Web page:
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Political Bass: The Legacy of Paul McCartney's Message Songs

Thursday, September 27, 2018

If anyone still needed a primer on Paul McCartney 60 years after he, John, and George laid down their first tracks, this month’s Egypt Station, the 18th and latest studio album of McCartney’s solo career, wouldn’t be a bad pick for a first listen. At 76, McCartney has finally let himself go gray, but he’s never needed dye to seem younger than his years; more than a decade after recording his own elegy, he’s active, vital, and viral, flitting from Fallon to Maron and selling out a stadium somewhere near you. On his first studio release in five years, and his first ever to debut at no. 1 on the Billboard chart, he’s similarly restless and, worn voice aside, resisting senescence: Except for his classical records and his collaborations with Youth, it’s his second-longest non-soundtrack album (after 2001’s Driving Rain), and it features two tracks that fall somewhere on the thirstiness scale between “Press” and “Why Don’t We Do It in the Road?,” which could have been embarrassing if both the songs and the singer weren’t so silly and infectiously fun.If anyone still needed a primer on Paul McCartney 60 years after he, John, and George laid down their first tracks, this month’s Egypt Station, the 18th and latest studio album of McCartney’s solo career, wouldn’t be a bad pick for a first listen.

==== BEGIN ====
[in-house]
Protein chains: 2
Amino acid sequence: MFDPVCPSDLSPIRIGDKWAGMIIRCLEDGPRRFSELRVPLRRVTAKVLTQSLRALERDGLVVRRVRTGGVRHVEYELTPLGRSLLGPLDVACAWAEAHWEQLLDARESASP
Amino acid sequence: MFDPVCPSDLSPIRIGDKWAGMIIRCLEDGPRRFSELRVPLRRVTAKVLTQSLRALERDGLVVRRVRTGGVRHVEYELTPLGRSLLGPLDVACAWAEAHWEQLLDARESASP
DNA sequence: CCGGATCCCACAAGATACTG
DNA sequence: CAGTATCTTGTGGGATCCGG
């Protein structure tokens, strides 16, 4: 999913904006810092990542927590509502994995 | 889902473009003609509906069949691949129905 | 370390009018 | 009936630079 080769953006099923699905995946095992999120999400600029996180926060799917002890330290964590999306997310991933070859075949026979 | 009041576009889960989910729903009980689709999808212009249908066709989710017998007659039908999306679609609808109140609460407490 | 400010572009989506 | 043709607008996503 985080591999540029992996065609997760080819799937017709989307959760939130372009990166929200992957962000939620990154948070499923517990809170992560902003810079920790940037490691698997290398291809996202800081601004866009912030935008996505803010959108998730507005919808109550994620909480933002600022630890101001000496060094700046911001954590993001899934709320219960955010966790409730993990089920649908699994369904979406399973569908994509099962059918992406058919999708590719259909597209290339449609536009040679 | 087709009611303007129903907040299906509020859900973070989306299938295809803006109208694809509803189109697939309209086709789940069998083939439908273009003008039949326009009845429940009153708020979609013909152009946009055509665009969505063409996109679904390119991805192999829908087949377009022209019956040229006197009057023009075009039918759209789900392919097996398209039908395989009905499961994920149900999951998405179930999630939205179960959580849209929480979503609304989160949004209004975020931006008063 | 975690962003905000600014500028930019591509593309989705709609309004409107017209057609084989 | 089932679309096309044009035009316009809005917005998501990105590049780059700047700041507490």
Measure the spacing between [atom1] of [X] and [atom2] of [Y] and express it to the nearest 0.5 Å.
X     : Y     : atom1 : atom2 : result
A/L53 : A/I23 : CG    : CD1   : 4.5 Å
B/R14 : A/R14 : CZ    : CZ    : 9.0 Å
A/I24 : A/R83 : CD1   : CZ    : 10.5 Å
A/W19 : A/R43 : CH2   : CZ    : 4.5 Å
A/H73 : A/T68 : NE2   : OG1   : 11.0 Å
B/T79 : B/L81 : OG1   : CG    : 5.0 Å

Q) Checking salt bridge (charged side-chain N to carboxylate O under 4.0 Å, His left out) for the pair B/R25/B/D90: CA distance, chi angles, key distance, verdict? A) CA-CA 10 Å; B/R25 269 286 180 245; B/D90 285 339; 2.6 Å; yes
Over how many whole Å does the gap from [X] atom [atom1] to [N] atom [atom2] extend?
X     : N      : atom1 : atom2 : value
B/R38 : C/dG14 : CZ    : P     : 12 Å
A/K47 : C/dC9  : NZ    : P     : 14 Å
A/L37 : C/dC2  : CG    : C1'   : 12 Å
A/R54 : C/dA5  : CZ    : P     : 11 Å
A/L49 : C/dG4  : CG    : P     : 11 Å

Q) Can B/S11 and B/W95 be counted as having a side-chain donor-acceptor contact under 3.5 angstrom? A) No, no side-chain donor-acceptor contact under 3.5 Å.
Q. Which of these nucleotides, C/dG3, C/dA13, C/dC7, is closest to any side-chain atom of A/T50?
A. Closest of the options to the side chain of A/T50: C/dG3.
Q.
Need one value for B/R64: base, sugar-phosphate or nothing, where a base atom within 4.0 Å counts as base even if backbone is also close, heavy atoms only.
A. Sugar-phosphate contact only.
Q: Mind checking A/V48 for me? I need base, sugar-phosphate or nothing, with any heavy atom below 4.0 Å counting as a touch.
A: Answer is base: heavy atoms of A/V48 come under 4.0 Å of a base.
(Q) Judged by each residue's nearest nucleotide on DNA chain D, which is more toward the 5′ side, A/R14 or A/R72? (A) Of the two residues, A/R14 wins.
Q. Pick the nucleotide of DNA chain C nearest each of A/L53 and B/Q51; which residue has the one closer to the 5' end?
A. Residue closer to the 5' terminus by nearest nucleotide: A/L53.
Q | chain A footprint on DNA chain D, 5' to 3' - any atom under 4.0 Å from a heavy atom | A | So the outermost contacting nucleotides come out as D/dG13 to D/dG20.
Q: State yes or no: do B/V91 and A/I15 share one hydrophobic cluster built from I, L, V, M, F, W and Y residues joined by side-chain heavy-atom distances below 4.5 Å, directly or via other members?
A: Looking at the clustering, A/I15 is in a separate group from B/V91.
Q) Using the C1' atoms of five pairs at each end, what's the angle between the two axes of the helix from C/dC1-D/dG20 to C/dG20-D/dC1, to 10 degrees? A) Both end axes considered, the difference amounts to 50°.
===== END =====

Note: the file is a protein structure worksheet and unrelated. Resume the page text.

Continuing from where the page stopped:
Source: Ben Lindbergh/theringer.com

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